The Nation revealed today that Malawi’s Attorney General Kalekeni Kaphale produced a legal opinion on the 6 oil exploration blocks the government has awarded and the subsequent production sharing agreements the government signed on 12 May 2014.
Kaphale raised concerns that production sharing agreements were signed before production licences were awarded and oil and gas discoveries were made. He has also called for further investigation into the corporate relationship of three companies (Hamra Oil, RAK Gas and Pacific Oil) that control five out of six blocks, even though related parties by law (Petroleum (Exploration and Production) Act 1983) can only control a maximum of two contiguous blocks.
The government through the Ministry of Natural Resources, Energy and Mining is currently reviewing these licences to
ensure that the Licences that were granted or the Agreements that were signed are for the benefit for the people of Malawi and were in accordance with all the relevant laws of the country.
The blocks have been awarded as follows
- Block 1: SacOil (2012)
- Blocks 2 and 3: originally to Surestream Petroleum (2011), which was farmed out 51% share of each block to Hamra Oil (February 2014)
- Blocks 4 and 5: to RAK Gas (2013)
- Block 6: Pacific Oil and Gas (2013)
The article in The Nation has been reproduced below.
Golden Matonga, 2 April 2015
Attorney General (AG) Kalekeni Kaphale says the country’s laws were breached in the award of the now suspended oil and gas exploration licences in Lake Malawi and other parts of the country.
In his legal opinion to the Ministry of Natural Resources, Energy and Mining that The Nation has seen, Kaphale claims that there is information that points to the fact that the three companies controlling five of the six oil and gas exploration blocks are linked to the same people.
The companies are Rak Gas, Pacific Oil and Hamra Oil Holdings Limited.
The opinion further faults the then Ministry of Mining on how they issued licences to three companies when they knew that the same person was signing documents on behalf of all the three companies.
Kaphale said that common signature alone should have prompted the then Minister of Mining to investigate before issuing licences to Rak Gas and Pacific Oil and allowing Hamra to buy the 51 percent interest in the blocks that were licensed to Surestream Petroleum of the United Kingdom.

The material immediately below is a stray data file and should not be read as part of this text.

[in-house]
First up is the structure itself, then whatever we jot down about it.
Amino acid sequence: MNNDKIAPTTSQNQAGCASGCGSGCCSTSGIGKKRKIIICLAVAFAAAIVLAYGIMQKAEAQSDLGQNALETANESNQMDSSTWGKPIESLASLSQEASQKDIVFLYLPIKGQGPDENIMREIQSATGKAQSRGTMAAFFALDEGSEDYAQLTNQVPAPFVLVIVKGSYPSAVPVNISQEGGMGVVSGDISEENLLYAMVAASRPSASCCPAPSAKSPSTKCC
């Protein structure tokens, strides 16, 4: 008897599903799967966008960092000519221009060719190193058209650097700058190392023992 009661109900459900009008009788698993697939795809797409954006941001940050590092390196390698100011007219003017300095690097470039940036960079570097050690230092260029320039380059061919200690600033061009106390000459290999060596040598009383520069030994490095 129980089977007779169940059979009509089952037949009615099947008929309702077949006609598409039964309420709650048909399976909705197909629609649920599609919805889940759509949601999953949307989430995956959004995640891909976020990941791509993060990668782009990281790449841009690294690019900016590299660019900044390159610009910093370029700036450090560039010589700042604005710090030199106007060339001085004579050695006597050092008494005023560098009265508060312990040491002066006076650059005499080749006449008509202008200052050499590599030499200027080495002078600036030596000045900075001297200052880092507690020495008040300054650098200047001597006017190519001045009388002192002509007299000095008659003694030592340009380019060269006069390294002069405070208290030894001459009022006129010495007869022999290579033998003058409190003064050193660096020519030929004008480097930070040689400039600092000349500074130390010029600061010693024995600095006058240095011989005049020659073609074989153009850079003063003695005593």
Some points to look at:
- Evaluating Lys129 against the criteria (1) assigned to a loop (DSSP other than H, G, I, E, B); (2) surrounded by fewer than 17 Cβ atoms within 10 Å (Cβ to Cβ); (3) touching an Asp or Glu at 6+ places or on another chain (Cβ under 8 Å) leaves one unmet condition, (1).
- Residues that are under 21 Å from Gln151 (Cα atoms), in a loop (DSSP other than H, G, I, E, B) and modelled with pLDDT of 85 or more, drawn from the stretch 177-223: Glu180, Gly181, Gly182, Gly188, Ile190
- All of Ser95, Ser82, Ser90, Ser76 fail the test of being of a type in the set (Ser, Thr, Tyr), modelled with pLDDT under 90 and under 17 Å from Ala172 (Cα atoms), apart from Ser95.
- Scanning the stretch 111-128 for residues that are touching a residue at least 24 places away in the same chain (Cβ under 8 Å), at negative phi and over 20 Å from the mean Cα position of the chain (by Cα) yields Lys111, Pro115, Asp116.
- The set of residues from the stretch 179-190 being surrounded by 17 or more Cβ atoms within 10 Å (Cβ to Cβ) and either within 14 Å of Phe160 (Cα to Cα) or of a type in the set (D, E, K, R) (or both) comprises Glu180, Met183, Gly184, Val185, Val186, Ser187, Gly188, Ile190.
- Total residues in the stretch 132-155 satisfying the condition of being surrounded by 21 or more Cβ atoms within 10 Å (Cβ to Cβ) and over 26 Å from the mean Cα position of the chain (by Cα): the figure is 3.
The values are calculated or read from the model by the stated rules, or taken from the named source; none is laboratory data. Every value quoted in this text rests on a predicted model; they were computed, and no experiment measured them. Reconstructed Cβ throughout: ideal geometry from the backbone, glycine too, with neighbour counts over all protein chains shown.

Rak Gas is owned by the Government of Ras Al Khaimah, one of the emirates of the United Arab Emirates (UAE) while Hamra describes itself as a Cayman Island origin private company.
Pacific Oil says it is part of Vega Petroleum Limited—the privately owned oil and gas entity that has oil producing and exploration concessions in Egypt.
Kaphale also notes that the ministry proceeded to sign production sharing agreements (PSAs) with the companies against advice from the Solicitor General to only agree to PSAs after the oil or gas is discovered.
On December 22 2014, government asked Kaphale to provide legal advice on various issues relating to the licences, including issuance of exploration licences and whether Hamra Oil lawfully acquired the equity stake in the Surestream prospect.
My advice is as follows: [a]. We must cancel all the exploration licences or at a bare minimum, licences for blocks Four, Five and Six as having been entered into with parties that are related to Hamra Oil Limited, which has controlling interest in two blocks already as these are the maximum a party can get.
He said under Petroleum Regulations, the country is divided into six blocks for the exploration and production of oil.
In 2011, Blocks Two and Three were issued to Surestream Limited, which later farmed to Hamra Oil in a joint operating agreement and farming out agreement. Hamra now owns 51 percent equity in the blocks, according to the opinion.
As an alternative, the AG has suggested that government invites Hamra, Rak Gas and Pacific to choose “which two contiguous blocks they want to continue exploring and make them relinquish their interest in the rest.”
Ministry of Natural Resources, Energy and Mining Principal Secretary Ben Botolo confirmed receiving the legal opinion yesterday, saying it was clear that laws were breached.
He said government was currently undertaking a due process on the matter following the AG’s opinion and will release its position within a week.
Natural Resources, Energy and Mining Minister Atupele Muluzi, who alongside Cabinet colleagues at Foreign Affairs and International Cooperation, Justice and Constitutional Affairs, Finance, Development and Economic Planning, also sit on the special Cabinet committee reviewing the process, refused to comment on the contents of the report.
The questions around the licences prompted the Ministry of Natural Resources, Energy and Mining to suspend oil and gas exploration activities in November 2014 pending a review, which was estimated to take a month.
It is now nearly five months since.